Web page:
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Last Updated:  Wednesday, 5 March, 2003, 10:47 GMT
Ukraine's dummy police cars
Anti-speeding Ukrainian police vehicle
The dummies could be vulnerable to scrap metal thieves

A unique police car has been introduced in Ukraine as part of an ongoing campaign against speeding.

The "vehicle" is flat, has no motor or moving parts, and is made of a single sheet of metal.

It looks close enough to the real thing to instil reckless drivers with respect for the speed limit.

But there are fears that the dummy could be more valuable as scrap metal than as a deterrent to speeding.


Dummy police cars have been used in other countries including Japan, where they were successful until drivers learned to ignore mock-ups rotting on the same spot for years on end.

But the Ukrainian imitation of a police vehicle weighs in at just over 100 kilograms, light enough to be moved from place to place as the novelty wears off, local media reported.

The drivers will also be kept on their toes by the real patrol car that will often await them a few miles down the road from the imitation.

Adept at playing cat-and-mouse with the numerous traffic policemen on their streets, Ukrainian motorists have acquired techniques to outwit patrol cars and hidden speed cameras.

Many drivers slow down at the sight of suspiciously-parked cars on the hard shoulders of major roads. Chances are that police with radar could be hiding inside, ready to swoop on the offender.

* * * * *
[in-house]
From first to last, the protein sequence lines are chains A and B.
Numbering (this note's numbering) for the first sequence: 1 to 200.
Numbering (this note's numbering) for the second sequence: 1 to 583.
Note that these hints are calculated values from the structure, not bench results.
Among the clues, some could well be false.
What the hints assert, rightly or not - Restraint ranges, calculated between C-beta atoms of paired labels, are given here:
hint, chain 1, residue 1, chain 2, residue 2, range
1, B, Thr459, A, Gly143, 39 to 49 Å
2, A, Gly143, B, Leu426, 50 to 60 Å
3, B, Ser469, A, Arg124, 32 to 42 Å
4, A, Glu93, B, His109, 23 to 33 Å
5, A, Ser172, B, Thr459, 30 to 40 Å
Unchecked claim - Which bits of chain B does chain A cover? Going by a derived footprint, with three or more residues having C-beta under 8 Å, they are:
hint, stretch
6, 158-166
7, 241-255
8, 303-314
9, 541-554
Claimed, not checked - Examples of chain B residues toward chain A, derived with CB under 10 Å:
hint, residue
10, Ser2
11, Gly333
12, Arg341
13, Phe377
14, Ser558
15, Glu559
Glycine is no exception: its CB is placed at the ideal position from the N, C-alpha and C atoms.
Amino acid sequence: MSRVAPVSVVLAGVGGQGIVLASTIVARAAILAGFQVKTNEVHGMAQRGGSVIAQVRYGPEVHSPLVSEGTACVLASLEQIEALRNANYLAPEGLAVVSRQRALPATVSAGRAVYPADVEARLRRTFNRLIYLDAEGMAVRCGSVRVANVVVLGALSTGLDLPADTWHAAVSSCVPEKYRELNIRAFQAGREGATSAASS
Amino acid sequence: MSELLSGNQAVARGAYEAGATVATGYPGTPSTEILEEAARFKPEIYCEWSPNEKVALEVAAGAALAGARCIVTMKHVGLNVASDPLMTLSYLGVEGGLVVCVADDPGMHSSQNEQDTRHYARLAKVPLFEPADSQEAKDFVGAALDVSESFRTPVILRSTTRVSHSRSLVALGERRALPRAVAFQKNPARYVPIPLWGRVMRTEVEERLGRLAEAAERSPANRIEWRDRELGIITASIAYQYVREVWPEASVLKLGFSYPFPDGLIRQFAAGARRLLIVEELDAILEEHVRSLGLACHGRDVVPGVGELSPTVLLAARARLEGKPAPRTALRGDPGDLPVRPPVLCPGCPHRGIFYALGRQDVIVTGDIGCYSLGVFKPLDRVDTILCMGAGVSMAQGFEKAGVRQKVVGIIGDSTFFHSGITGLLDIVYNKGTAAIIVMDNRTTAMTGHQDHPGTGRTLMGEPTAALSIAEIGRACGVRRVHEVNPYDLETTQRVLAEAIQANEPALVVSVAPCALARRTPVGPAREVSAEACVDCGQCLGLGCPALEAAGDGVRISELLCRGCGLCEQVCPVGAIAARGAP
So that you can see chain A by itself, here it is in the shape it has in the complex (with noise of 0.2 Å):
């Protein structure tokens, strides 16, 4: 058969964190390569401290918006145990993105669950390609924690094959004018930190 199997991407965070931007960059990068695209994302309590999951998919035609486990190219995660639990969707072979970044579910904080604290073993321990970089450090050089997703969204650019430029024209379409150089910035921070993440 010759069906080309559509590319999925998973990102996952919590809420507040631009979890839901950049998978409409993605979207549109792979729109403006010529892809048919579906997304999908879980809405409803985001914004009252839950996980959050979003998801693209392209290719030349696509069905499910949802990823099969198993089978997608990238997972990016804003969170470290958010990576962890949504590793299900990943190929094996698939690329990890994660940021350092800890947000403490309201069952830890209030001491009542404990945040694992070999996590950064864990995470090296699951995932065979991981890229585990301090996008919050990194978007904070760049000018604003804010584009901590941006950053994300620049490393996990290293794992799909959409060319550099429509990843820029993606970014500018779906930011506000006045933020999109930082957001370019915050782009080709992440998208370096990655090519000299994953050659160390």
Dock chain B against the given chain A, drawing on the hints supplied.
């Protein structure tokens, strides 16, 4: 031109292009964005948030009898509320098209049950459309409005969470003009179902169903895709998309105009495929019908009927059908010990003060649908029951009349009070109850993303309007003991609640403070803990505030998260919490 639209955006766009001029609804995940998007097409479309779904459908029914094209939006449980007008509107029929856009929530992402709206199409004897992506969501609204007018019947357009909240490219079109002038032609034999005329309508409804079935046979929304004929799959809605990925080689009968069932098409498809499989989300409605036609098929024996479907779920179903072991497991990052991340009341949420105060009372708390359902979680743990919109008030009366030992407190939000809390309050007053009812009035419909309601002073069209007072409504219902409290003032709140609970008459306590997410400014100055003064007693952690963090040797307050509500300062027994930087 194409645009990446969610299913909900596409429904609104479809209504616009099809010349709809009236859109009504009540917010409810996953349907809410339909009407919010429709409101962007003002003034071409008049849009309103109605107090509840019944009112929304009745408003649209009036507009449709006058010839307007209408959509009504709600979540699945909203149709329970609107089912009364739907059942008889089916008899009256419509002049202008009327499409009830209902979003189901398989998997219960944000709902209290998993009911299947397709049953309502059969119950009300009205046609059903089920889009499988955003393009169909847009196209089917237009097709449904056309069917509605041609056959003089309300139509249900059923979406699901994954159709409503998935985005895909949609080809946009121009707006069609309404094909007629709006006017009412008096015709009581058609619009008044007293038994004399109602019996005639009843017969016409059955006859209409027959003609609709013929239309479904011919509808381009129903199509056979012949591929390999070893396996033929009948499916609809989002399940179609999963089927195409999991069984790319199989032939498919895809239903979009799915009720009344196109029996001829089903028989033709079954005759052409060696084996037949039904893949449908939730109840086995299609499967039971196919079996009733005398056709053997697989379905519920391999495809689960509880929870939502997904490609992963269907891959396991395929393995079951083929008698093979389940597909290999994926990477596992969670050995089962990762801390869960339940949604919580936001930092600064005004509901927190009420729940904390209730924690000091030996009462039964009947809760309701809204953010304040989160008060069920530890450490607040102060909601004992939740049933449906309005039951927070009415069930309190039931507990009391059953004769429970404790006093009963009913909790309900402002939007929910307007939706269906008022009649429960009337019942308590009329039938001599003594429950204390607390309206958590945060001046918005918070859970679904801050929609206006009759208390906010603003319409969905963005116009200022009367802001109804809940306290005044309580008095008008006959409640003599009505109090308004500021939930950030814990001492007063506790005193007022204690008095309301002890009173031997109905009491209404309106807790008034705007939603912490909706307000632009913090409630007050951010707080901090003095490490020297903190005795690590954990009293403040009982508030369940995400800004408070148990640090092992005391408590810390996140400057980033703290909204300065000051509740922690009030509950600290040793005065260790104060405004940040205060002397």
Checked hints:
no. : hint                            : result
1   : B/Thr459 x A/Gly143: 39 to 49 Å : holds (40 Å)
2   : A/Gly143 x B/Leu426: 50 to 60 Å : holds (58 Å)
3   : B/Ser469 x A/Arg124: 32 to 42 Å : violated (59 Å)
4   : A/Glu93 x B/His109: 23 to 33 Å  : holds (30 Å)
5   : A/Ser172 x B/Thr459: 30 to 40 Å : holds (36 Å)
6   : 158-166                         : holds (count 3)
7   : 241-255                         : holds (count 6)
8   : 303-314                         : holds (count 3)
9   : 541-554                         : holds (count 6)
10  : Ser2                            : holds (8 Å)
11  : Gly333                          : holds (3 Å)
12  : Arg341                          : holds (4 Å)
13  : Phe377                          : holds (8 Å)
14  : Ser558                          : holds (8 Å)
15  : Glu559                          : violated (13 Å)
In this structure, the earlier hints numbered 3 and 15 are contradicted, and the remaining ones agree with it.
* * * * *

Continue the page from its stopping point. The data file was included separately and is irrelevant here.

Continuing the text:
Killer speed

Speeding, drink-driving, notoriously bad roads and aggressive driving habits have contributed to high accident rates on Ukraine's roads.

Despite low car ownership, the number of people killed in traffic accidents in Ukraine - just under 6,000 in 2002 - is almost twice the UK figure.

Ukraine's cash-strapped traffic police, which used sponsor aid to build the first mock-up, are hopeful that the experiment will bring results.

If it proves successful, more imitations will be built, each equipped with a more conventional fake policeman.

Guarding the guardian

Critics, however, have been quick to point out that the frequency of metal scavenging in Ukraine is likely to ruin the project.

Scavengers have long been wreaking havoc on Ukraine's infrastructure, stealing anything that contains even a few pounds of metal that can be sold as scrap.

A 100-kg sheet of metal posing as a police car may itself require round-the-clock police protection to survive for more than a few weeks.

This, the critics note, defeats the whole purpose of the exercise.

BBC Monitoring, based in Caversham in southern England, selects and translates information from radio, television, press, news agencies and the Internet from 150 countries in more than 70 languages.

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